Long-Jawed Longhorn

Trachyderes mandibularis

Trachyderes mandibularis photo © by Mike Plagens

This large beetles was taking sap from a stem wound on Seep Baccharis (Baccharis salicifolia) near Bumble Bee, Yavapai Co., Arizona, USA. 3 Aug. 2019.

Cerambycidae -- Long-horn Beetle Family

Long-horned Beetles of this species begin their life cycle as a larva or grub after emerging from an egg that was deposited into an injured or dying branch, often of a palo verde tree (Parkinsonia). The growing larva tunnels through the branch. This larval stage can last many months to over a year. Emerging adults are avid visitors of ripe fruit or plant sap. Adult males use their long jaws in jostiling for position at prime feeding spots. The 'long horns' are the antennae. Males may use them also in grappling with other males as well as chemoreceptors.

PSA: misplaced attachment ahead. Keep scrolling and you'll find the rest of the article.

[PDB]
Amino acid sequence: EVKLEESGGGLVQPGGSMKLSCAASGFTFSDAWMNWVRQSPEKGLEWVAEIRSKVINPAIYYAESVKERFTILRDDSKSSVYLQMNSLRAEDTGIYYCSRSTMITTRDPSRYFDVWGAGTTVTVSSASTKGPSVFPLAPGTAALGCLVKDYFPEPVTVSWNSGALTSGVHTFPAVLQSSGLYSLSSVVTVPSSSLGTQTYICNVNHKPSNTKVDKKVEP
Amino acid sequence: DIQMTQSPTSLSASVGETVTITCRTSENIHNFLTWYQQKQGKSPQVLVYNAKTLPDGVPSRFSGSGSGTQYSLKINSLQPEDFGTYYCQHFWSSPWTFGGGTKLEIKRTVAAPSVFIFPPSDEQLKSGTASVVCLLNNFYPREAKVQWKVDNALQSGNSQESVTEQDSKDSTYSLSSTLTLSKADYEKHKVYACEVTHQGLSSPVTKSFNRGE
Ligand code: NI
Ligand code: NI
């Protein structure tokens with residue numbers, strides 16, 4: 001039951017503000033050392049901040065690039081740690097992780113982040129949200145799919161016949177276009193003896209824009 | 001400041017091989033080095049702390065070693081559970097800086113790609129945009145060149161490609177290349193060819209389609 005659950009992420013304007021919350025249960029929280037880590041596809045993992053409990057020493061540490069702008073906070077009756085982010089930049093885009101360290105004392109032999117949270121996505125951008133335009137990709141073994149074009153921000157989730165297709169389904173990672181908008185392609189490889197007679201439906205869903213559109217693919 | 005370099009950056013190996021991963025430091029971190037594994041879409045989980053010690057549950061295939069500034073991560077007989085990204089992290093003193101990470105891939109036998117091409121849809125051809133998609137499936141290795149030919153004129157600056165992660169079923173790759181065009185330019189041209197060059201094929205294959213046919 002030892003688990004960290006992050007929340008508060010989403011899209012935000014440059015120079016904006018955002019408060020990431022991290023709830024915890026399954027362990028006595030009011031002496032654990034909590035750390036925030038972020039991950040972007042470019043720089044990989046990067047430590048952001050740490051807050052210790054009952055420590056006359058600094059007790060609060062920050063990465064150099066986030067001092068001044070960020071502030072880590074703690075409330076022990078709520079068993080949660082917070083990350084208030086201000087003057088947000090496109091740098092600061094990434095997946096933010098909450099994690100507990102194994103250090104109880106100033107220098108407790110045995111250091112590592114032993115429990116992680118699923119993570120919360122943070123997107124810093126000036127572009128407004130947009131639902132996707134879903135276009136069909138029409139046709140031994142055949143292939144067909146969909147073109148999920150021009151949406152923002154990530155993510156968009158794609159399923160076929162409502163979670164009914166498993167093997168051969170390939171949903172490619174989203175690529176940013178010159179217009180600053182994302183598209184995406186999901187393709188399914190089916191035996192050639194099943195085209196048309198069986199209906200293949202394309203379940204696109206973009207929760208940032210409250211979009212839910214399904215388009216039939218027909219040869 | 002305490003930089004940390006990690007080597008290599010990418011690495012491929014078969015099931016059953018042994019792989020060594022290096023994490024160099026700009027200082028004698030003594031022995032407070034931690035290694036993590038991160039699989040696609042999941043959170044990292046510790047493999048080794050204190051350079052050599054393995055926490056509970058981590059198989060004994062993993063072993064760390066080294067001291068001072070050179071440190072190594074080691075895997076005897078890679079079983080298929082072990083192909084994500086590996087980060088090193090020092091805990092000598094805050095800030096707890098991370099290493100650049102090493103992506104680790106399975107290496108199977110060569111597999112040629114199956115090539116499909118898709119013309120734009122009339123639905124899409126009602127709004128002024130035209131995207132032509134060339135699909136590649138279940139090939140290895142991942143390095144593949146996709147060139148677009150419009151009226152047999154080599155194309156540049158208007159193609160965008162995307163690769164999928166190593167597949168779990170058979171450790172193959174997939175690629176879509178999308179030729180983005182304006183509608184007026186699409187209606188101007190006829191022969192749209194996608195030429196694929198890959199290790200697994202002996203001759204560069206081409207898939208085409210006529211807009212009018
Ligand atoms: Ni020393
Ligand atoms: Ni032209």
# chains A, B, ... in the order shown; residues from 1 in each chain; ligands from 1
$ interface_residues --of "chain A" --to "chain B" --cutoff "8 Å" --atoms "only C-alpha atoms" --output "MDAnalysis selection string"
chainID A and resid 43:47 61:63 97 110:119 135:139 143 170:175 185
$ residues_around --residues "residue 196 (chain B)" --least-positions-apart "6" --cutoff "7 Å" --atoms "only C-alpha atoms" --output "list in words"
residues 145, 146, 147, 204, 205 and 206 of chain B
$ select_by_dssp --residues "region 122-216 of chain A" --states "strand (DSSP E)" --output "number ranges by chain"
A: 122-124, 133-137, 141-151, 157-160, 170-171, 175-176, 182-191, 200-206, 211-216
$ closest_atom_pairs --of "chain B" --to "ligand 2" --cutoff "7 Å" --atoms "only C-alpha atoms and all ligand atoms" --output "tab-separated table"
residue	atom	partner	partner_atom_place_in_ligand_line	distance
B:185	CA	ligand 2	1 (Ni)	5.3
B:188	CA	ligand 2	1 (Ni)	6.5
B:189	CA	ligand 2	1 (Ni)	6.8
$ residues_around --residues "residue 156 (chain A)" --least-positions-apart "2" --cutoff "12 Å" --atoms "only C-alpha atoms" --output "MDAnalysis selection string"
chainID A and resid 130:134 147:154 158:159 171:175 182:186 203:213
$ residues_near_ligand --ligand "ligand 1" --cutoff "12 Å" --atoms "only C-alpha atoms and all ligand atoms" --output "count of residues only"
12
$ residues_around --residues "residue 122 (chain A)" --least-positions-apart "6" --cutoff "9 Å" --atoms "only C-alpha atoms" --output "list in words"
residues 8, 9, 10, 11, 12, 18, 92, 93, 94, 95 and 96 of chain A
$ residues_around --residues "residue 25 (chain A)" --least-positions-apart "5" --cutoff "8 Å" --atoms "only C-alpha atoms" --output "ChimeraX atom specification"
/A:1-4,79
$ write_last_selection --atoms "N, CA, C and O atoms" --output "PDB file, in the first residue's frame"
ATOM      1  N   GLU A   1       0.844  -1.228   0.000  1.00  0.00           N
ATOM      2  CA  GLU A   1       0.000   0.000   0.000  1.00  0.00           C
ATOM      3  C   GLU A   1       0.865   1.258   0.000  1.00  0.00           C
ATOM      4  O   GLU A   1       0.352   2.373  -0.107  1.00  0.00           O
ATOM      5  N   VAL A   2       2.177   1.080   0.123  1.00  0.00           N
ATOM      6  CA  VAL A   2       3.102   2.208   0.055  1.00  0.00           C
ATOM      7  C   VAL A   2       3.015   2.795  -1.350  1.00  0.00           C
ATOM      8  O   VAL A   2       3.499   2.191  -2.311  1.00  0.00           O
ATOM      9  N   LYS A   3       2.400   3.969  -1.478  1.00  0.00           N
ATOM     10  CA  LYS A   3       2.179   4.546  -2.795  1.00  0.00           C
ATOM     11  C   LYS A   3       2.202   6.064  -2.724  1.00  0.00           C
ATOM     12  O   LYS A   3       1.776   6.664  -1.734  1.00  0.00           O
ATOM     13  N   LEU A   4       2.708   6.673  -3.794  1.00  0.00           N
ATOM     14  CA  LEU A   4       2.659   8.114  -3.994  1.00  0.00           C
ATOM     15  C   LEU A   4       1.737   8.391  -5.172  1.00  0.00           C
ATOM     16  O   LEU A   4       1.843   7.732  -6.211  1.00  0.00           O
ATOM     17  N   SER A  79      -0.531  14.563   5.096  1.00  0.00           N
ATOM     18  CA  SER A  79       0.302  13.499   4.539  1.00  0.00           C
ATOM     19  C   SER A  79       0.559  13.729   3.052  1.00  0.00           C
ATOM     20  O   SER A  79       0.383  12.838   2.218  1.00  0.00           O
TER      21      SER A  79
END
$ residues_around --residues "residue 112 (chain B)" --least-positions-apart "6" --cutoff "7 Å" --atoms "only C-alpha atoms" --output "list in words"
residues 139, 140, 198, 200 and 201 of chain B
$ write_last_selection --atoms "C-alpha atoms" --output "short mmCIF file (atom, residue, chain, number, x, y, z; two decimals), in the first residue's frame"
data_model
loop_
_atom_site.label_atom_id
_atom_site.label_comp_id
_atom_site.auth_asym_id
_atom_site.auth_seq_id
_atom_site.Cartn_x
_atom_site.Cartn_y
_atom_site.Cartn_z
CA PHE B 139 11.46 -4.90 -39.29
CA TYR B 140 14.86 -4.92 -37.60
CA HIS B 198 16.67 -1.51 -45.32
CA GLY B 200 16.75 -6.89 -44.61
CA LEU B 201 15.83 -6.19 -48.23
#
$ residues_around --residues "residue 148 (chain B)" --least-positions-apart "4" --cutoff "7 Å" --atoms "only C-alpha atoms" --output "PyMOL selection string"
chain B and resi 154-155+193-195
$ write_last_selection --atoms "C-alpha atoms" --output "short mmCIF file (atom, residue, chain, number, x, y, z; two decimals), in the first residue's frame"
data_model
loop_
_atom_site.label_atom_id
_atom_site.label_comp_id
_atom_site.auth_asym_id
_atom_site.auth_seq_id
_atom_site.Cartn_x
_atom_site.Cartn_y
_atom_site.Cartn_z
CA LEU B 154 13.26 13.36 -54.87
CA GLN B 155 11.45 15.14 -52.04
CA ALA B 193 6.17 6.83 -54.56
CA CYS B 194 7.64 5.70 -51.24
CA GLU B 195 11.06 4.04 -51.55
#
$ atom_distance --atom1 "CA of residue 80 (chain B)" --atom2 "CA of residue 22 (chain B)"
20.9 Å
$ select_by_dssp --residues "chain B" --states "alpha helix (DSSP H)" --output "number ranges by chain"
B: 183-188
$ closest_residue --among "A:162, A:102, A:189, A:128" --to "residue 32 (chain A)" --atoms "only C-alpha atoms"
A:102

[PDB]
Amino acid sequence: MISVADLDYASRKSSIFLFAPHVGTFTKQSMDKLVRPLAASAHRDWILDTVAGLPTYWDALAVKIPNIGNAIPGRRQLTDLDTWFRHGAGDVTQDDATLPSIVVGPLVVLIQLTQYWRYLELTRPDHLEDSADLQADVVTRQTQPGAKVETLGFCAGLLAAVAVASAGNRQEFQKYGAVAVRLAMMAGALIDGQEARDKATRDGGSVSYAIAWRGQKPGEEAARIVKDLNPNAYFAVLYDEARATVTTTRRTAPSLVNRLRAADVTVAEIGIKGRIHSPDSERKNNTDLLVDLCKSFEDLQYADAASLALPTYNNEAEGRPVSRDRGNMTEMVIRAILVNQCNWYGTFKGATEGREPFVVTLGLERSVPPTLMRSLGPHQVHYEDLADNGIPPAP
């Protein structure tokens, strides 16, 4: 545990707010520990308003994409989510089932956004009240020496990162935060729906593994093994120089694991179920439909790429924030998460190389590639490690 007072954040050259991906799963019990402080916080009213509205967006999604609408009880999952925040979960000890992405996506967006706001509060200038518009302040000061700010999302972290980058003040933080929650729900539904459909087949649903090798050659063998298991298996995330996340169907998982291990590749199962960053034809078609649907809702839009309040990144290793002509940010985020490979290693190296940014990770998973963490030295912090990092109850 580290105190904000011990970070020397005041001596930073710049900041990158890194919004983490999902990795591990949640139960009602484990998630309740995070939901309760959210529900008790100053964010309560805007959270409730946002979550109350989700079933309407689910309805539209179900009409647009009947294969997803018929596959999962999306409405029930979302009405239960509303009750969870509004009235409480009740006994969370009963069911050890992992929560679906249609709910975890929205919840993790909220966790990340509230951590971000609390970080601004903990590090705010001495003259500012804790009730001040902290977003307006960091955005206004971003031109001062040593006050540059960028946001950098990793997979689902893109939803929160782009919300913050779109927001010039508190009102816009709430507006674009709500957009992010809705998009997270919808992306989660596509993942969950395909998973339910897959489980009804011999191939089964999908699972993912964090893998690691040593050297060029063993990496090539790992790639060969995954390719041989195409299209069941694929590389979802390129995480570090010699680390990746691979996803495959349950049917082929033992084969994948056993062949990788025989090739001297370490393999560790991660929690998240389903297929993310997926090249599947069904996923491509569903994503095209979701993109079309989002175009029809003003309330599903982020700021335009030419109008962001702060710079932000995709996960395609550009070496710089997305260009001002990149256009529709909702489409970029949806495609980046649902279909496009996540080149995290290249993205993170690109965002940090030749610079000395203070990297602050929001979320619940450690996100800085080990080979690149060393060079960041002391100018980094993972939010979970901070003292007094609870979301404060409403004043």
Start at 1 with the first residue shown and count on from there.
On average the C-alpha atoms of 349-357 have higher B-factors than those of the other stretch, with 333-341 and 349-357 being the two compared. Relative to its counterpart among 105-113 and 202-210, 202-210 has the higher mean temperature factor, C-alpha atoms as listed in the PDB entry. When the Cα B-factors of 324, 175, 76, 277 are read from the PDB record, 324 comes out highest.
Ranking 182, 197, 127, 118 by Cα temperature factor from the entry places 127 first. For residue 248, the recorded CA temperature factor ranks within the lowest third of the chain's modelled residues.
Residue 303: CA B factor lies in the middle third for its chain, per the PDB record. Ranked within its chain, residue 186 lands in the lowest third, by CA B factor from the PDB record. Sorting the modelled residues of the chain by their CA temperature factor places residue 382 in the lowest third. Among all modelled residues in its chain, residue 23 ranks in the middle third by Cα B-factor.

Adults of the Double-banded Bycid are most likely to be found in mid summer on ripe fruit of the saguaro cactus.

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Copyright Michael J. Plagens, page created 28 Oct. 2019.